Trade Policy Regimes and Development Strategies: A Comparative Study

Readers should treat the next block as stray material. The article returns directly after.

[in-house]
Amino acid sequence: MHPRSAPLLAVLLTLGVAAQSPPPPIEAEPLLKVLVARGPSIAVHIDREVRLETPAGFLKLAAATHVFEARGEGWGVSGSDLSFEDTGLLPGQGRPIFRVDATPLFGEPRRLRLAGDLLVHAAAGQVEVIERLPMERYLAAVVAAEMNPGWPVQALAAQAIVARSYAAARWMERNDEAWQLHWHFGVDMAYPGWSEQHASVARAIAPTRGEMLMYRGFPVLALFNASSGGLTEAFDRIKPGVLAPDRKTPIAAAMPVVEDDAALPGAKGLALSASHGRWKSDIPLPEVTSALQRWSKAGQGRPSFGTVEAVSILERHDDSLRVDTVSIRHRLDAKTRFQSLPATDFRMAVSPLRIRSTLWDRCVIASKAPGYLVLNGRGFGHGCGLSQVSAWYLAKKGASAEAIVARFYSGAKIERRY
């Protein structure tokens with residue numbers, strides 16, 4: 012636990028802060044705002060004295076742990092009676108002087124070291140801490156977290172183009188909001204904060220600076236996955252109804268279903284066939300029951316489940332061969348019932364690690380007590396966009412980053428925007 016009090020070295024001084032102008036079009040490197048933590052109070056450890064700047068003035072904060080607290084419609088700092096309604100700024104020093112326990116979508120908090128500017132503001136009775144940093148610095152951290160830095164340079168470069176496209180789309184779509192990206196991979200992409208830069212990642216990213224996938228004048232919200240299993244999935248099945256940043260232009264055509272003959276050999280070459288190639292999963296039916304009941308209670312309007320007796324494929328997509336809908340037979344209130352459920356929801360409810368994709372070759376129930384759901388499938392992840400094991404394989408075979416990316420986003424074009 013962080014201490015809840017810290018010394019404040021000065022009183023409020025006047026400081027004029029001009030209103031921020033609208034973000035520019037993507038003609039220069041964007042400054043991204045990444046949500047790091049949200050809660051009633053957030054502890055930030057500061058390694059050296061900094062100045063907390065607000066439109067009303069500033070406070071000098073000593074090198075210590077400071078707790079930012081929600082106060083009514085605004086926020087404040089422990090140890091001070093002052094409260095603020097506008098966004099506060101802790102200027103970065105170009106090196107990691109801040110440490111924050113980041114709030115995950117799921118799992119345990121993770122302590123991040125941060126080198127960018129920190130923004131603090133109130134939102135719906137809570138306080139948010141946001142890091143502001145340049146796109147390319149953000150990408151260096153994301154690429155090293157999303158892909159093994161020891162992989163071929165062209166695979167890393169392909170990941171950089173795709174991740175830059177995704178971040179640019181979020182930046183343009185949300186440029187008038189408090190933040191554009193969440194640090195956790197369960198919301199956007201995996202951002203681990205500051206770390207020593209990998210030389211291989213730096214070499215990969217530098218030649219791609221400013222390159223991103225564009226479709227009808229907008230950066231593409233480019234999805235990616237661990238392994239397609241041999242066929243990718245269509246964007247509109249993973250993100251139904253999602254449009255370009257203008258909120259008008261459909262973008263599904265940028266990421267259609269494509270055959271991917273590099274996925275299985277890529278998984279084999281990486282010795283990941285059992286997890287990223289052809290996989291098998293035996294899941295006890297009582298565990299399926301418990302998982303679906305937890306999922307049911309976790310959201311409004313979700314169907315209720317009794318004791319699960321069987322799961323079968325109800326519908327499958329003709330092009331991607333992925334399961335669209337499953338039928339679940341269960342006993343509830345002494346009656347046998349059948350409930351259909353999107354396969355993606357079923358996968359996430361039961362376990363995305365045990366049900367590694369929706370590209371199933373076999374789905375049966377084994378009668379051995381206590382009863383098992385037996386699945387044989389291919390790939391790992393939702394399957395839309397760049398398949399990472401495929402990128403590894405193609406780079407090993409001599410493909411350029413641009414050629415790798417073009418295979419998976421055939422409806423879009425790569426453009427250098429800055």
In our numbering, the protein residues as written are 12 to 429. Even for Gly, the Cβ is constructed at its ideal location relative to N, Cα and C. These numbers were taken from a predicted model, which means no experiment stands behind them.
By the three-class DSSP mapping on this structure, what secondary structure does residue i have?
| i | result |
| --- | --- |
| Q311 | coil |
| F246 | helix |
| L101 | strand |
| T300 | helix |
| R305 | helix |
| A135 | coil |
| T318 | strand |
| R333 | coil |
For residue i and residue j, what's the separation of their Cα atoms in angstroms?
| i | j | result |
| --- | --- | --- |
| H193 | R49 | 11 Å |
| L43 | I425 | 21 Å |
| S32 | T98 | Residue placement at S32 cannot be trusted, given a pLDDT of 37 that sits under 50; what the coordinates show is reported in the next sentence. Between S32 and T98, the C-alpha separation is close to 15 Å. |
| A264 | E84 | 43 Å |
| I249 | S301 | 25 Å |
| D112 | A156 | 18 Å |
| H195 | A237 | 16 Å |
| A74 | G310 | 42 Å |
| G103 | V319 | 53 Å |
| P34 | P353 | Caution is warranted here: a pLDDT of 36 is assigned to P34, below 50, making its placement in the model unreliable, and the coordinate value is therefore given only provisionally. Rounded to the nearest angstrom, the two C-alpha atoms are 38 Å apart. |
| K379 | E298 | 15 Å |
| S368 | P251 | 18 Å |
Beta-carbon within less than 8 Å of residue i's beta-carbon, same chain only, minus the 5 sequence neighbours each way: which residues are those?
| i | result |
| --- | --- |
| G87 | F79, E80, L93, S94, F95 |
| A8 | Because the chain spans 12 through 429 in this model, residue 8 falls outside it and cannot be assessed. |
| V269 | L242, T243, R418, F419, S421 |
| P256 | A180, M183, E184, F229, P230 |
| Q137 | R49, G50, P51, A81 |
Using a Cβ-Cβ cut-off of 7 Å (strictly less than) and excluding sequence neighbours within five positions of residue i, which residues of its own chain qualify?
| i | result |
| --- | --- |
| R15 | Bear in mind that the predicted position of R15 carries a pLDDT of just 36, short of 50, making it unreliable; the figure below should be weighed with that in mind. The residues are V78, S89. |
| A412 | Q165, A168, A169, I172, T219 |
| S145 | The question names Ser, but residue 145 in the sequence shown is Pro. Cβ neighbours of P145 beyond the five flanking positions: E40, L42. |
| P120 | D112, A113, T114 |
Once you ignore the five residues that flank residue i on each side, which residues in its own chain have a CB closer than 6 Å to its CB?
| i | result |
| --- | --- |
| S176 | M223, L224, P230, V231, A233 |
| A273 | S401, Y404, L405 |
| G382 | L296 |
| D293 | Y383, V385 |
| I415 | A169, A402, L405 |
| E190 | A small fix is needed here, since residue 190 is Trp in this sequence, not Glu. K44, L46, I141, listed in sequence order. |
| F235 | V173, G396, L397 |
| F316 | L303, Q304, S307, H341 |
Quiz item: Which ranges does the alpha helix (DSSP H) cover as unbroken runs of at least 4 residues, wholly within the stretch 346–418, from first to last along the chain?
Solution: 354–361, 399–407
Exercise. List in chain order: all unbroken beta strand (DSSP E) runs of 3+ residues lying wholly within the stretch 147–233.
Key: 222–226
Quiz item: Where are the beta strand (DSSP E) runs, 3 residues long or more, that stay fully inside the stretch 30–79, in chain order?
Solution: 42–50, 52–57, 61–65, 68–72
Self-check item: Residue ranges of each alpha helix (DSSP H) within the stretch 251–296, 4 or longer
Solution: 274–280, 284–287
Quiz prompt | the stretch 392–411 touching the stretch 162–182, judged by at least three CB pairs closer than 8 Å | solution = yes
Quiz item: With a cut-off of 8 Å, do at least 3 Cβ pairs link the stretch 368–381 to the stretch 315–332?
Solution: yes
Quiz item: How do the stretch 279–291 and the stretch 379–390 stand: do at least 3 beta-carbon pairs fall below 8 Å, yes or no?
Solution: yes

Over the past two decades, nearly all developing countries and transition economies have undertaken important changes in their trade regimes, often as part of World Bank-International Monetary Fund programs. Recently, further changes in trade regimes have been driven by participation in regional trade agreements and in the General Agreement on Tariffs and Trade/World Trade Organization. However, while greater openness appears to have produced useful gains, not all countries have benefited equally from the reforms. This study attempts to distinguish between important elements of the reform programs, taking account of the linkages with other economic policies, and to derive some indicators of trade policy performance that might be used in developing more precise guidelines for future reforms. The paper looks at the relative importance of reforms in different regions and corresponding trade performance. It starts by describing the overall economic performance of a number of countries in Latin America, Europe, and Asia. Then, it reviews Latin American trade policies over the past 20 years, and provides an international comparison, developing indicators that could serve as guidelines for monitoring progress. It concludes with a discussion of the links between trade and other economic policies.
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